Blair appoints Treasury mandarin as climate tsar

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His first task will be to carry out a major review of the economics of climate change. He appealed yesterday for scientists, businesses, environmental groups and others to send in their evidence by 9 December. "Climate change is one of the most serious issues facing the world in the 21st century. In order to tackle it whilst also promoting a dynamic, equitable and sustainable global economy, we will need to have a deep understanding of the economics of this complex problem. That is what I hope this review can achieve," he said.

Sir Nicholas joined the Treasury in 2003 from the World Bank, where he was chief economist for three years. Earlier this year, he directed the Government's policy and research commission for Africa.

His appointment was announced as the Government battled to prevent an embarrassing defeat in the Commons, where the Conservatives and Liberal Democrats had joined forces to call for tougher measures for tackling global warming. Government whips eventually succeeded in mustering a comfortable majority of 80, winning by 309-229.

Oliver Letwin, the shadow Environment Secretary, admitted that the Conservatives were to blame, as well as the Government, for not pushing the issue to the top of the political agenda.

He accused Mr Blair of abandoning the campaign for a new, binding world-wide agreement on global warming, to replace the Kyoto protocol. He added that Britain was moving "remorselessly in the wrong direction" with carbon emissions rising again after dipping in the mid-1990s. His Liberal Democrat counterpart, Norman Baker, called for all three main parties to thrash out a common policy, and for the Government to set up an independent body to monitor emissions. "Trying to find a consensual way forward actually helps the Government to take the decisions which perhaps it knows it wants to take but fears to do so because of the public reaction," he said.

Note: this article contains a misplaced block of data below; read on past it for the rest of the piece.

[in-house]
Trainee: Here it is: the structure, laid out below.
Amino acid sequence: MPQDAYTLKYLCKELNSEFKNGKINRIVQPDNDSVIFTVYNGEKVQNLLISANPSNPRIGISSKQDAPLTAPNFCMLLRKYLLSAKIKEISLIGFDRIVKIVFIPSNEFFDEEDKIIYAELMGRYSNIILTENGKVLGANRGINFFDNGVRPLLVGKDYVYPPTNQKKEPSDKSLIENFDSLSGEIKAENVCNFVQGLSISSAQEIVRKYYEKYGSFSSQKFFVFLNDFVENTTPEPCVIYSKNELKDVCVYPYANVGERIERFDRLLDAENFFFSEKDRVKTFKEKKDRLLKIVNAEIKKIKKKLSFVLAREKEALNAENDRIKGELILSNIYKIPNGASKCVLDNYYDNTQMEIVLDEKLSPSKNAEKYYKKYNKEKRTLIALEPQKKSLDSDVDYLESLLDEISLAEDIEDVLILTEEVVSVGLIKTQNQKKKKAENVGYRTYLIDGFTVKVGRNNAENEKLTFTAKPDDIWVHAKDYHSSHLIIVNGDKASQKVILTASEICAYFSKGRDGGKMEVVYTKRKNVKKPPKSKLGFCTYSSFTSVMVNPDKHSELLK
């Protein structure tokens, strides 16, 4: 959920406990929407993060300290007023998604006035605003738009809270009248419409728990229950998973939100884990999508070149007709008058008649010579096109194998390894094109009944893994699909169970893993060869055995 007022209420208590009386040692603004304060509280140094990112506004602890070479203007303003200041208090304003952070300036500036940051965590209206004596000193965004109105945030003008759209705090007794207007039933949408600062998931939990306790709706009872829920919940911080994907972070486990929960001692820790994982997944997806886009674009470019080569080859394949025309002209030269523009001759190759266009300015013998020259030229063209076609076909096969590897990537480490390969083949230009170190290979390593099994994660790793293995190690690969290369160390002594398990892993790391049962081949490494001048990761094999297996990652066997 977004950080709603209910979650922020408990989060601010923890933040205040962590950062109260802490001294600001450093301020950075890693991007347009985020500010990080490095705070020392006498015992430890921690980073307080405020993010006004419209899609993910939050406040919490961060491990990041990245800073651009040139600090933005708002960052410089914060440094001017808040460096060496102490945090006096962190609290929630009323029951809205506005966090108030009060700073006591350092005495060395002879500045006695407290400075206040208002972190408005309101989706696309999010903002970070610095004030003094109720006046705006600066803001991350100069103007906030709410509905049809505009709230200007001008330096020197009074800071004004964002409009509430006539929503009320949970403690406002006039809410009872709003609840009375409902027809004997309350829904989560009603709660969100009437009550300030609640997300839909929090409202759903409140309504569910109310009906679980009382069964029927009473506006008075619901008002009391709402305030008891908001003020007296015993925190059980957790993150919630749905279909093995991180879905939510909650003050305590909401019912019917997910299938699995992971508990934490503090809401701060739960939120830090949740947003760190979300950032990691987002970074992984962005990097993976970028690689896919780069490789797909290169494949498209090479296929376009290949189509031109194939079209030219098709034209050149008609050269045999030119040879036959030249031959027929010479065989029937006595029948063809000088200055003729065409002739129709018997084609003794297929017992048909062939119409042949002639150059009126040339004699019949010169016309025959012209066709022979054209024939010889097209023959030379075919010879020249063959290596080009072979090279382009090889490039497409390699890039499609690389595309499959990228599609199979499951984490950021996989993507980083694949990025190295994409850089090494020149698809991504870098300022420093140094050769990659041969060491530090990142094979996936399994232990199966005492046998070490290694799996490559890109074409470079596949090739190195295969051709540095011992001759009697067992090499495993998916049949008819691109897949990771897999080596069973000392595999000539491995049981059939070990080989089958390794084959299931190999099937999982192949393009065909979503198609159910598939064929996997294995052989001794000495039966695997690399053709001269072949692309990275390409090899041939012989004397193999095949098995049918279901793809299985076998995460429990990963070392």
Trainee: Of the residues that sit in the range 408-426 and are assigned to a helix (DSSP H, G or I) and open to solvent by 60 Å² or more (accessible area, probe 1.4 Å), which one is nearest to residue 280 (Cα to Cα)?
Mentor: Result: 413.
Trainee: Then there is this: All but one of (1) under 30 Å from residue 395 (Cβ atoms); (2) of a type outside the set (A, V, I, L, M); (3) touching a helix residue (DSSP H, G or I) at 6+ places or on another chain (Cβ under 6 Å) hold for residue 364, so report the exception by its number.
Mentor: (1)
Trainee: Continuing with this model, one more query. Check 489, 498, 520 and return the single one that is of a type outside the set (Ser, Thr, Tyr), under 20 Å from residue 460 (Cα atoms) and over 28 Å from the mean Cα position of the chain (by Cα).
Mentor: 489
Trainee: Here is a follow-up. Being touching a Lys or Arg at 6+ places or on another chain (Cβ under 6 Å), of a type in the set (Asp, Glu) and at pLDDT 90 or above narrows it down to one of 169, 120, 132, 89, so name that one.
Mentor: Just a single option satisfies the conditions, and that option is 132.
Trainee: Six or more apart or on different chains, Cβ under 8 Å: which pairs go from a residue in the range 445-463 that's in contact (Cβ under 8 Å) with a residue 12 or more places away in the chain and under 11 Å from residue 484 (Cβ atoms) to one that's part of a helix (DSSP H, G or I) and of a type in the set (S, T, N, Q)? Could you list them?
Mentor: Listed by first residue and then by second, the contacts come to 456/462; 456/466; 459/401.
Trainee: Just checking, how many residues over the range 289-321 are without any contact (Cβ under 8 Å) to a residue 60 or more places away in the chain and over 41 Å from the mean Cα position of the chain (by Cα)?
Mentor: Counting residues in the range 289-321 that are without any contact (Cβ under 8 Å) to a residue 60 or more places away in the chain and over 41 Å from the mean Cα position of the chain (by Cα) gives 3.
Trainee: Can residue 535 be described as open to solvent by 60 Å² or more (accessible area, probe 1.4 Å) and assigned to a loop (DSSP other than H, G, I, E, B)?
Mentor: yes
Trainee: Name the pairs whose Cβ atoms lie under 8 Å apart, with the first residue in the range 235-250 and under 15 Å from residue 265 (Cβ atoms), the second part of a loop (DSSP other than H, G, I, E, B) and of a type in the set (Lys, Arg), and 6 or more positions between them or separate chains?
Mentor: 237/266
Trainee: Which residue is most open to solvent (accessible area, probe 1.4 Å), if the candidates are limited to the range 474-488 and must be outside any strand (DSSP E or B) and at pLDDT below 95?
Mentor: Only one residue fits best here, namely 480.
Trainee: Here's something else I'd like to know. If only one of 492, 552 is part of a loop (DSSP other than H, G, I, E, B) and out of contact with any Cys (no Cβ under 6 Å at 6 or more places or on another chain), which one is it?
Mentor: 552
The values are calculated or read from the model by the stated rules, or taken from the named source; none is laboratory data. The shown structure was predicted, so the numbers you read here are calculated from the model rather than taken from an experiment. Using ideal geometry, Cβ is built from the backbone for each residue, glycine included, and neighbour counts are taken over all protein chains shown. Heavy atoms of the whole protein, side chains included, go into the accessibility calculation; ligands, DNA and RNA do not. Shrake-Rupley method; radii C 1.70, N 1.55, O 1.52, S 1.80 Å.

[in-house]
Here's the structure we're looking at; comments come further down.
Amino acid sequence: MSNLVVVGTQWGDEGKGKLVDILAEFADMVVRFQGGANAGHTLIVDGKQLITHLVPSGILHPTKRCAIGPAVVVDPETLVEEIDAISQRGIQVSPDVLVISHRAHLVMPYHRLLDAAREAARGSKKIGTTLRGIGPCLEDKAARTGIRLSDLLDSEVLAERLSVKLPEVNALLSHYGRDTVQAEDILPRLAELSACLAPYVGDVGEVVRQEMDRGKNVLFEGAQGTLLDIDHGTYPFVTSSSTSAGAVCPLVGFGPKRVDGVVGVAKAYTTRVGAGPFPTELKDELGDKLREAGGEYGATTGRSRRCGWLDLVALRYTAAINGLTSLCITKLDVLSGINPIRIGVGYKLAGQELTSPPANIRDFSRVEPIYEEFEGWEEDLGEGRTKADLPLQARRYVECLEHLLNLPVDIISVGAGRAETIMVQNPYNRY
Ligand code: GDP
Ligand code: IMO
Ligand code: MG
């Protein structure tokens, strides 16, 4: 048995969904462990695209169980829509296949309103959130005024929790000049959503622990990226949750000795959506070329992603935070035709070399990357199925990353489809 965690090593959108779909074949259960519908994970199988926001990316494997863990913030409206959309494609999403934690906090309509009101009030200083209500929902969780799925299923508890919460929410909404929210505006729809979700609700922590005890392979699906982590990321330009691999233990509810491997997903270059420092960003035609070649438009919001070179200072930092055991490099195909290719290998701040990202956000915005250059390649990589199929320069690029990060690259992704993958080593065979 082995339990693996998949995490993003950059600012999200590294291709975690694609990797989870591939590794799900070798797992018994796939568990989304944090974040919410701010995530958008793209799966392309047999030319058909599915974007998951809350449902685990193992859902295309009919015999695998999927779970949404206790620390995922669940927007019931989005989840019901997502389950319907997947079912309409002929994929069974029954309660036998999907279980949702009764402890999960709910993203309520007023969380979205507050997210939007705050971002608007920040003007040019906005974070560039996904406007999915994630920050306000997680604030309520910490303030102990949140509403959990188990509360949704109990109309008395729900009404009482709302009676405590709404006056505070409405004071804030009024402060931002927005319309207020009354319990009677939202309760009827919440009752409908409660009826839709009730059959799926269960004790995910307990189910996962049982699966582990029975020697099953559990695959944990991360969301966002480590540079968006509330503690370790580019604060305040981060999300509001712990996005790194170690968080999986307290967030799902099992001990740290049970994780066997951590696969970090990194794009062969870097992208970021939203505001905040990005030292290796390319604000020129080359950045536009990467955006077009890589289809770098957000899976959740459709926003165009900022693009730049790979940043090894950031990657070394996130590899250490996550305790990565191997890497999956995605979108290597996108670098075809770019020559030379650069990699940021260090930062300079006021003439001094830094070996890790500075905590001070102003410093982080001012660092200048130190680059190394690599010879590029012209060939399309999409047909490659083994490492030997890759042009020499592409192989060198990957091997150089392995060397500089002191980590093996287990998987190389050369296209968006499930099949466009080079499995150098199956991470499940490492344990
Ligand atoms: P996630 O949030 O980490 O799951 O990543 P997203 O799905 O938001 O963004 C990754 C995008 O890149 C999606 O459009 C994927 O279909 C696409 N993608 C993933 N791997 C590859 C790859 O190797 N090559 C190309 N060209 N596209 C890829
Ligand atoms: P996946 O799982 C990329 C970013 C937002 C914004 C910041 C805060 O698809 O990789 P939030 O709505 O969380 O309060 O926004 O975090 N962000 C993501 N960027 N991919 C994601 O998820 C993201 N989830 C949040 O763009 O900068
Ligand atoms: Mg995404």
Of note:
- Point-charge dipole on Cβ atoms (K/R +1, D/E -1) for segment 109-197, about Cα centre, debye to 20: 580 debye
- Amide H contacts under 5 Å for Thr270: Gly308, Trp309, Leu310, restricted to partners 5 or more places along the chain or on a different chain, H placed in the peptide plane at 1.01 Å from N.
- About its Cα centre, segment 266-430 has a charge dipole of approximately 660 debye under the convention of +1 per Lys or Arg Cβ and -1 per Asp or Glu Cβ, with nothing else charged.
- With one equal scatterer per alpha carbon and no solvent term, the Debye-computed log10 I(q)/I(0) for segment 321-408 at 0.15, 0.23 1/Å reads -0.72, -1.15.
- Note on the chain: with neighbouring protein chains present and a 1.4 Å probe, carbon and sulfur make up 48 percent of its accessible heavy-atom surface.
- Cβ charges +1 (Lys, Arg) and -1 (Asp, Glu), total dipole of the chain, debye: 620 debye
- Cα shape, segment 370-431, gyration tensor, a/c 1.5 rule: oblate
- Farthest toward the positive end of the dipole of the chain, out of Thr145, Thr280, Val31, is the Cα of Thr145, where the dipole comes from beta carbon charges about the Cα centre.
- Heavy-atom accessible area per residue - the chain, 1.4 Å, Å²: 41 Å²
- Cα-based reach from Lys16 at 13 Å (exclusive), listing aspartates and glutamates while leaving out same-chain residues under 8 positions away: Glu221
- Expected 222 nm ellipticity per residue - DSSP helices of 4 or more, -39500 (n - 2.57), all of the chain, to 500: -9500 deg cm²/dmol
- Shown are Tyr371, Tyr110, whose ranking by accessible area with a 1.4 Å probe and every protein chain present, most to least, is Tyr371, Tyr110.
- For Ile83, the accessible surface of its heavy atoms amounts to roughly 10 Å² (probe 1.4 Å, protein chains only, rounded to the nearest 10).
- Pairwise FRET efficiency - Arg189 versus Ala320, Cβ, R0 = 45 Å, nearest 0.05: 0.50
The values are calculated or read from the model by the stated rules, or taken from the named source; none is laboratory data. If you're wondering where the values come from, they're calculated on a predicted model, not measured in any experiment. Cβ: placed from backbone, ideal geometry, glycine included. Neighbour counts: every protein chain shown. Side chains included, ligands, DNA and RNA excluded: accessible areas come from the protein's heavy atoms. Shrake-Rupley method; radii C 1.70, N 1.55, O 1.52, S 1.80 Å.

But the Environment Secretary Margaret Beckett said it was ridiculous to suggest that Mr Blair had given up on global warming in the face of US indifference. She told MPs: "There is no government and no leader anywhere in the world who has done more than our Prime Minister to create the circumstances under which the world community might begin to explore the possibilities and scope of international negotiation beyond the first Kyoto commitment period. This country ought to take take pride in that."

She also insisted that the UK emissions were already adequately monitored according to international guidelines, scrutinised by the National Audit Office among others, and subject to international peer review.

She saidthere was a new willingness to look ahead, beyond 2012, when the Kyoto commitment period comes to an end - more so than a year ago. Ms Beckett said that the agreement at July's Gleneagles summit for countries including India and China to begin such a discussion was "a major and personal diplomatic achievement" by Mr Blair.

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